“The majority of these workers are younger people just getting into the workforce,” Ryan said. “What we don’t want to do is support ideas, especially in this kind of economy, which will reduce the availability of jobs, number one, but more importantly reduce the availability of jobs from the very people we want to get into jobs so they can start climbing that ladder of life, so they can get in and start working their way up and get the skills they need to earn a better job.”Reality:
Among workers who would be affected by raising the federal minimum wage to $10.10, the average age is 35 years old, and more than a third (34.5 percent) are at least 40 years old. In fact, minimum-wage workers are often bread-winners, with families who depend on their earnings.But please, tell us another one, Republican wonk who cares deeply about poverty.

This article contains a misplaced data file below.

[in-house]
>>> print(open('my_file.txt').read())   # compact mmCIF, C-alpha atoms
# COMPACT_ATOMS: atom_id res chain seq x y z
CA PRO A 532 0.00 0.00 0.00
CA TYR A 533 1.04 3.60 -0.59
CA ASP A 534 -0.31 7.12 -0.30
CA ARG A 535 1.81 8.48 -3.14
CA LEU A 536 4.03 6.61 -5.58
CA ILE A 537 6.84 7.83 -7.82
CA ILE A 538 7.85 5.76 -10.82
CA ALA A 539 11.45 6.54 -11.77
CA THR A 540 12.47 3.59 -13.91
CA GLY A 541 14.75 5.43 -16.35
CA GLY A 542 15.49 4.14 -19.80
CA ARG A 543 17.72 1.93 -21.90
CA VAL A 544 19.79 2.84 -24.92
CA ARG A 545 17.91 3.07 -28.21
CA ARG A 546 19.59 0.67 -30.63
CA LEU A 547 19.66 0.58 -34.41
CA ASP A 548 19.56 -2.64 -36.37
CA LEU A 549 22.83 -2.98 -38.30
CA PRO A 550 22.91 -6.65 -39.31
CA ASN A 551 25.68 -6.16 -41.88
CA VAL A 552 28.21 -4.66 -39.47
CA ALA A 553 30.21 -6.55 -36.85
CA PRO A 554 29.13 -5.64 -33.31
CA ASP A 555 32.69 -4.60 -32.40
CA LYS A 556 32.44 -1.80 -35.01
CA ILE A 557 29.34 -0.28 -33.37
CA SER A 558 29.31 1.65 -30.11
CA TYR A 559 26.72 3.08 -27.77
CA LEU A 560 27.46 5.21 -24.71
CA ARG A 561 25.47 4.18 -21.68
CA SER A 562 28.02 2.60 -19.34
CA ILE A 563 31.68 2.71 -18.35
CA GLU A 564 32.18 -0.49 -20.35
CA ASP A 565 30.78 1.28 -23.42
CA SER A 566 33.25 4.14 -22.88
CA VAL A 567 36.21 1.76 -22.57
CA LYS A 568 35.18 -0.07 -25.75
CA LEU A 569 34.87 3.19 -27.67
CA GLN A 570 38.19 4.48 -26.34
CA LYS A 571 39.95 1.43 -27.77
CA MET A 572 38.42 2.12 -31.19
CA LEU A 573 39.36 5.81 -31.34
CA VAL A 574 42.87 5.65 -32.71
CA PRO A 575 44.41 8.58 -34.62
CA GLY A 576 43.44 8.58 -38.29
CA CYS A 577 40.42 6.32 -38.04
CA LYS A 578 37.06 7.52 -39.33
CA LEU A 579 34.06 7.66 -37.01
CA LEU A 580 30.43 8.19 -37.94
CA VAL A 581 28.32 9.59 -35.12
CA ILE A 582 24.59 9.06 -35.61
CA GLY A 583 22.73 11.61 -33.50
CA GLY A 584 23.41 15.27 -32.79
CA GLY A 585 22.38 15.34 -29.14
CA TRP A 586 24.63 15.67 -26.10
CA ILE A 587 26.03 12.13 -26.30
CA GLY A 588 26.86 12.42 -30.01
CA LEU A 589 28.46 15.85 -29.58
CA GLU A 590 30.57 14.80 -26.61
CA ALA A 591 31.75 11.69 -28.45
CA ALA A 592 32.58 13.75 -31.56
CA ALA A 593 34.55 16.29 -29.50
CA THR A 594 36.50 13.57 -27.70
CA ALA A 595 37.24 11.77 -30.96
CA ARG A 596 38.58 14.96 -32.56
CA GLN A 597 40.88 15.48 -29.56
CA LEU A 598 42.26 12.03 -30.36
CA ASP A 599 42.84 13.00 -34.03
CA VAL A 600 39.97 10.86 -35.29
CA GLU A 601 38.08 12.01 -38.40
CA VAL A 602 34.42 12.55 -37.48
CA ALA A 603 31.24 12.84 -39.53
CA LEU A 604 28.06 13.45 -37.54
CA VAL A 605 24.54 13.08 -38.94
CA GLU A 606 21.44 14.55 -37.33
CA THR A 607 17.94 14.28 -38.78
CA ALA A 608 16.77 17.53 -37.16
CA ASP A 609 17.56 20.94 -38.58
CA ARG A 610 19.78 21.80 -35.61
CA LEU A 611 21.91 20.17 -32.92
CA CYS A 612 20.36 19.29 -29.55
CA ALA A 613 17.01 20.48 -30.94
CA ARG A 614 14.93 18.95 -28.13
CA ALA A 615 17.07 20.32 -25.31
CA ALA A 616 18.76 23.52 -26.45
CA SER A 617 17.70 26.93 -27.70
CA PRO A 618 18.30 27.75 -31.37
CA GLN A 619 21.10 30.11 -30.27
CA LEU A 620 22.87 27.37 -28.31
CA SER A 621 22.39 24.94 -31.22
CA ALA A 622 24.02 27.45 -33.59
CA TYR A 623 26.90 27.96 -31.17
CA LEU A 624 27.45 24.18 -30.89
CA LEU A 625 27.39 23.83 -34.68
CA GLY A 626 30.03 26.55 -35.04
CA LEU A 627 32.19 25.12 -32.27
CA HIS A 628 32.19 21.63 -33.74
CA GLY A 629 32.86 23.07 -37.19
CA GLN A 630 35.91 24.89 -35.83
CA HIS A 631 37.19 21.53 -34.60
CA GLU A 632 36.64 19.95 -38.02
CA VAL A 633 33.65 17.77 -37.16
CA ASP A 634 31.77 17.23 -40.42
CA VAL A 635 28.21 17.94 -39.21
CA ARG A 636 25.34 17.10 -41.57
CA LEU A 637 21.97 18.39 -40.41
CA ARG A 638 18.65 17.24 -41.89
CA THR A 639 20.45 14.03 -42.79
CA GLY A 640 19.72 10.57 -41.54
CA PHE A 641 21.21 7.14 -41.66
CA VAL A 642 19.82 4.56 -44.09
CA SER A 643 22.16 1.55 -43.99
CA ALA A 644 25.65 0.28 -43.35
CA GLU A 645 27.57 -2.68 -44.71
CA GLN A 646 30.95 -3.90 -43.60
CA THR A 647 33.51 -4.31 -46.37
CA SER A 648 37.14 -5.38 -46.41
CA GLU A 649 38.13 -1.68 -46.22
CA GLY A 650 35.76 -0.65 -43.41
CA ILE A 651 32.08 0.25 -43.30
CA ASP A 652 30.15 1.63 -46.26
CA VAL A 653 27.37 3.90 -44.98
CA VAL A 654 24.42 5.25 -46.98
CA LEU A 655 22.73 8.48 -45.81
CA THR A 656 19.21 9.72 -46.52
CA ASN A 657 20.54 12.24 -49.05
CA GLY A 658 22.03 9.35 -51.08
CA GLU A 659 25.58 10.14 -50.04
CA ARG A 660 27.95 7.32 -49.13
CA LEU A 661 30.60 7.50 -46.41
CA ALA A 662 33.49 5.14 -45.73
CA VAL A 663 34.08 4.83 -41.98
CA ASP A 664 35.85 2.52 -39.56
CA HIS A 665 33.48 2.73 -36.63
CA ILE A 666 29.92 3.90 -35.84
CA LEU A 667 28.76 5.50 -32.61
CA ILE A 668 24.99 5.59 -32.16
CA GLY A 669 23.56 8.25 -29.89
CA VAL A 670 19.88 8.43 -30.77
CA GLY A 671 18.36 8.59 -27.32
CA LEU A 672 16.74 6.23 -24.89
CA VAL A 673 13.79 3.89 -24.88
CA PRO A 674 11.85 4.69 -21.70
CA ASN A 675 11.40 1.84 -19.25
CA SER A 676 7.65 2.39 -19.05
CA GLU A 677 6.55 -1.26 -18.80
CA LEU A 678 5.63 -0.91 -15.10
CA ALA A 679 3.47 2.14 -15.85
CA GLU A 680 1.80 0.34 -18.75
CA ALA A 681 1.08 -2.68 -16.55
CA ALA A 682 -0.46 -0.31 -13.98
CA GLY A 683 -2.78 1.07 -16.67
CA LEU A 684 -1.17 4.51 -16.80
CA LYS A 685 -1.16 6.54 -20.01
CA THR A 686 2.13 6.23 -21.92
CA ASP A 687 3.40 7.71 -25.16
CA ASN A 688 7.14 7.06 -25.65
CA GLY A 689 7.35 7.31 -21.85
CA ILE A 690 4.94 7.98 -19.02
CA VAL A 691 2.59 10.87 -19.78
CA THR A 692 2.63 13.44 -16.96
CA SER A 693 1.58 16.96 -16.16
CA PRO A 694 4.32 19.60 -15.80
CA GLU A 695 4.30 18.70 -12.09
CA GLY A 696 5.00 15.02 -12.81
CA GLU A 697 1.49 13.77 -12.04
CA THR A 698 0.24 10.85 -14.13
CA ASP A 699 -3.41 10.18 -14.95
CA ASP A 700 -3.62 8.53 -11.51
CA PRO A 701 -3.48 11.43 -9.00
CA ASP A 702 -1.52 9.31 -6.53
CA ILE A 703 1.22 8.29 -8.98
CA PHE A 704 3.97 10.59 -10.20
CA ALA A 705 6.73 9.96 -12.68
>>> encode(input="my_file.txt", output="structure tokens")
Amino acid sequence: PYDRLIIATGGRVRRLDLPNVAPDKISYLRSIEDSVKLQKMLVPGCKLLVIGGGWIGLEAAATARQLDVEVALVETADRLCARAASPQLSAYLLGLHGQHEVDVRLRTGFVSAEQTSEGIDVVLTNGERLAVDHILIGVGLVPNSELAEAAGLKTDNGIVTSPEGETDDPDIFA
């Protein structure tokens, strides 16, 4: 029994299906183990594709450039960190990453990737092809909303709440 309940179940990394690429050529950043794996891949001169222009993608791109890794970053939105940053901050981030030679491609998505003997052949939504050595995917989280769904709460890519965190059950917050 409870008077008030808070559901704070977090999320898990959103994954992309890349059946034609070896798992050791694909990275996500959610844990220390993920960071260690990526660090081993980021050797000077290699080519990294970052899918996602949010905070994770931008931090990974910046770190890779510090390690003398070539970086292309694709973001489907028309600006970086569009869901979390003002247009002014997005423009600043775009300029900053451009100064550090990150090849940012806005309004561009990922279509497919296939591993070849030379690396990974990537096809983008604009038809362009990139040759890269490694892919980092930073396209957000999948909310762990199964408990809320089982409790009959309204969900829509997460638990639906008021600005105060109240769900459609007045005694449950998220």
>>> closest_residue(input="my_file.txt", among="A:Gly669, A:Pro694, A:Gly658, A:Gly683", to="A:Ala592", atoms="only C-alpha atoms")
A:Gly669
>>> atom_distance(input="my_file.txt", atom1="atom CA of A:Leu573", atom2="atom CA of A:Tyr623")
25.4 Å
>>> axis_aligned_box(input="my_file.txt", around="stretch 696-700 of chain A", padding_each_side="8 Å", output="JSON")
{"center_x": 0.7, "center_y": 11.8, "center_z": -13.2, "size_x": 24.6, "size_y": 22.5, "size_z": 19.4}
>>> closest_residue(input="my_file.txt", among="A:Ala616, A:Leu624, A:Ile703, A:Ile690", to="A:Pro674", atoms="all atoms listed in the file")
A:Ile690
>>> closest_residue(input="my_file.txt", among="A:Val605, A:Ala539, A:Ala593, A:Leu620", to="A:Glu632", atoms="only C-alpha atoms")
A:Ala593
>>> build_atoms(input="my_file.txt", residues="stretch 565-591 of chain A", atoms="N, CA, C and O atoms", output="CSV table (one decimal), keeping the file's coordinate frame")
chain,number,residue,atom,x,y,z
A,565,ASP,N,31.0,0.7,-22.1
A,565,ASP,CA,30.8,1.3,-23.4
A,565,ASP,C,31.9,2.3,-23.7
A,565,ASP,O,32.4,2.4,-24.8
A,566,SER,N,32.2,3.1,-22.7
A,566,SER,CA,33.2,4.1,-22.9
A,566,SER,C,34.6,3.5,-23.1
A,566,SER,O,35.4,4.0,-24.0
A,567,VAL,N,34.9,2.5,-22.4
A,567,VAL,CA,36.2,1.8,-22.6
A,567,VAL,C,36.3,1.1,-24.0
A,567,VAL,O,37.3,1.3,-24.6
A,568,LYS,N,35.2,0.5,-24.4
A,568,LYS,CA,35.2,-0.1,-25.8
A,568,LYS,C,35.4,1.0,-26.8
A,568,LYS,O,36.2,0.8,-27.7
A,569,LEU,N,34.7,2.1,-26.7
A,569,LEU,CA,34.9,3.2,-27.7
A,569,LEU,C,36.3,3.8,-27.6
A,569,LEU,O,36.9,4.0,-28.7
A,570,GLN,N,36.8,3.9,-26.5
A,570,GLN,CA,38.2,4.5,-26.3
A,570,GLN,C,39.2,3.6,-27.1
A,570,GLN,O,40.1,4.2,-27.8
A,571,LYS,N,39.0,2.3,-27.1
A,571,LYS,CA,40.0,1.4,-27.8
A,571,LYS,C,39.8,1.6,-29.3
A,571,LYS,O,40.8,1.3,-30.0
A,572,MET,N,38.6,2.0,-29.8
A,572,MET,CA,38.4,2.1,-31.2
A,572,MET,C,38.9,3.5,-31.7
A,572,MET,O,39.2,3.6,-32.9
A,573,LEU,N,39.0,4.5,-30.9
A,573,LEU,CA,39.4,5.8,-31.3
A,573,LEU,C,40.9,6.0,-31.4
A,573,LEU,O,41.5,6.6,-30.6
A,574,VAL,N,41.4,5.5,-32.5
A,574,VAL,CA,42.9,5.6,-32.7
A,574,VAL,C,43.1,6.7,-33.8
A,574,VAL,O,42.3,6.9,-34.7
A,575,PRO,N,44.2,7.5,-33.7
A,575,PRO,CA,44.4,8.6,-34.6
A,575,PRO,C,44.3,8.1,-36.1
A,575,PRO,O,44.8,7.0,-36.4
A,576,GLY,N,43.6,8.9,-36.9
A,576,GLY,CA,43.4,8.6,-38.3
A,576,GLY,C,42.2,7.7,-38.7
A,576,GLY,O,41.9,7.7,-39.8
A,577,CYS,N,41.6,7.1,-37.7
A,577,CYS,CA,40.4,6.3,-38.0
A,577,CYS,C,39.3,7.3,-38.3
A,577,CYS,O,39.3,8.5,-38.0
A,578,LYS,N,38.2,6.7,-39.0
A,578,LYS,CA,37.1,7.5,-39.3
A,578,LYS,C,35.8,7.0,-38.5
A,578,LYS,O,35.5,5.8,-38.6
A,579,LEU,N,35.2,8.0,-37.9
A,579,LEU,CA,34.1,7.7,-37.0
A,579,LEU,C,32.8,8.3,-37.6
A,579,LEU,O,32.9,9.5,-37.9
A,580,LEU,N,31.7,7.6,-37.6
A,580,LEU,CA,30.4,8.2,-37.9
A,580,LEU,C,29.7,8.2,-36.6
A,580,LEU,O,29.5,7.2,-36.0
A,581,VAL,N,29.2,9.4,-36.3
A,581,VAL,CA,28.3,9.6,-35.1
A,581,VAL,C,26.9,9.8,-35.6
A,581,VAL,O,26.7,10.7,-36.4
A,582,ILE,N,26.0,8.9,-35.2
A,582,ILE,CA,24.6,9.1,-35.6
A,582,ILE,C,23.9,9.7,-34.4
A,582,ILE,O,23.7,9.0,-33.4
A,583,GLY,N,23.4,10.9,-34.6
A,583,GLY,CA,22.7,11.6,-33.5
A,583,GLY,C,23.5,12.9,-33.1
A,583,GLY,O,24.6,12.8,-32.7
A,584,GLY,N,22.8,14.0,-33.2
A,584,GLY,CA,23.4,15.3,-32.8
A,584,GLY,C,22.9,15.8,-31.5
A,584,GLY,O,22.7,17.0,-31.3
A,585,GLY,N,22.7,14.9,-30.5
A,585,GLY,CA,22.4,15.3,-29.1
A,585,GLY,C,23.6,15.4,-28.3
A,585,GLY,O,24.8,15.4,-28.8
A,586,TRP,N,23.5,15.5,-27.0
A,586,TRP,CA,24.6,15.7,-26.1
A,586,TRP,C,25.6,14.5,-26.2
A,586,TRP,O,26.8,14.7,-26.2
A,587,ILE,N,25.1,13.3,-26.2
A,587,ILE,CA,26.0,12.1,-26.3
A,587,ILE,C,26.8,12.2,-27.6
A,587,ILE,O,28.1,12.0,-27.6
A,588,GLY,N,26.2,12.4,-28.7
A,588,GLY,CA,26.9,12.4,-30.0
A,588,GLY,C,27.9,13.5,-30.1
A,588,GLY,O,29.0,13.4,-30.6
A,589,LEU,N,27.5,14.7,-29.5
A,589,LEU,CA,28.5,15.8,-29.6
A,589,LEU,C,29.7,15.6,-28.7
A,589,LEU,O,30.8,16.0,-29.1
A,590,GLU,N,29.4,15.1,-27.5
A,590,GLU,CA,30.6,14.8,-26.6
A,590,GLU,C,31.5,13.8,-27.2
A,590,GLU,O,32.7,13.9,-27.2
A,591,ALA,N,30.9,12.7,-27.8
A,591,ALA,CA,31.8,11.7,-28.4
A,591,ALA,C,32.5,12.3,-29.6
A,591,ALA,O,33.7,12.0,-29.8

The average low-wage worker who would benefit from a minimum-wage increase is responsible for half (50 percent) of his or her family’s income (ranging from 33 percent in New Hampshire to 60 percent in Louisiana). Nationally, nearly one in five children (19 percent) has a parent who would be affected by raising the minimum wage to $10.10 (ranging from 11 percent in Alaska to 26 percent in Texas).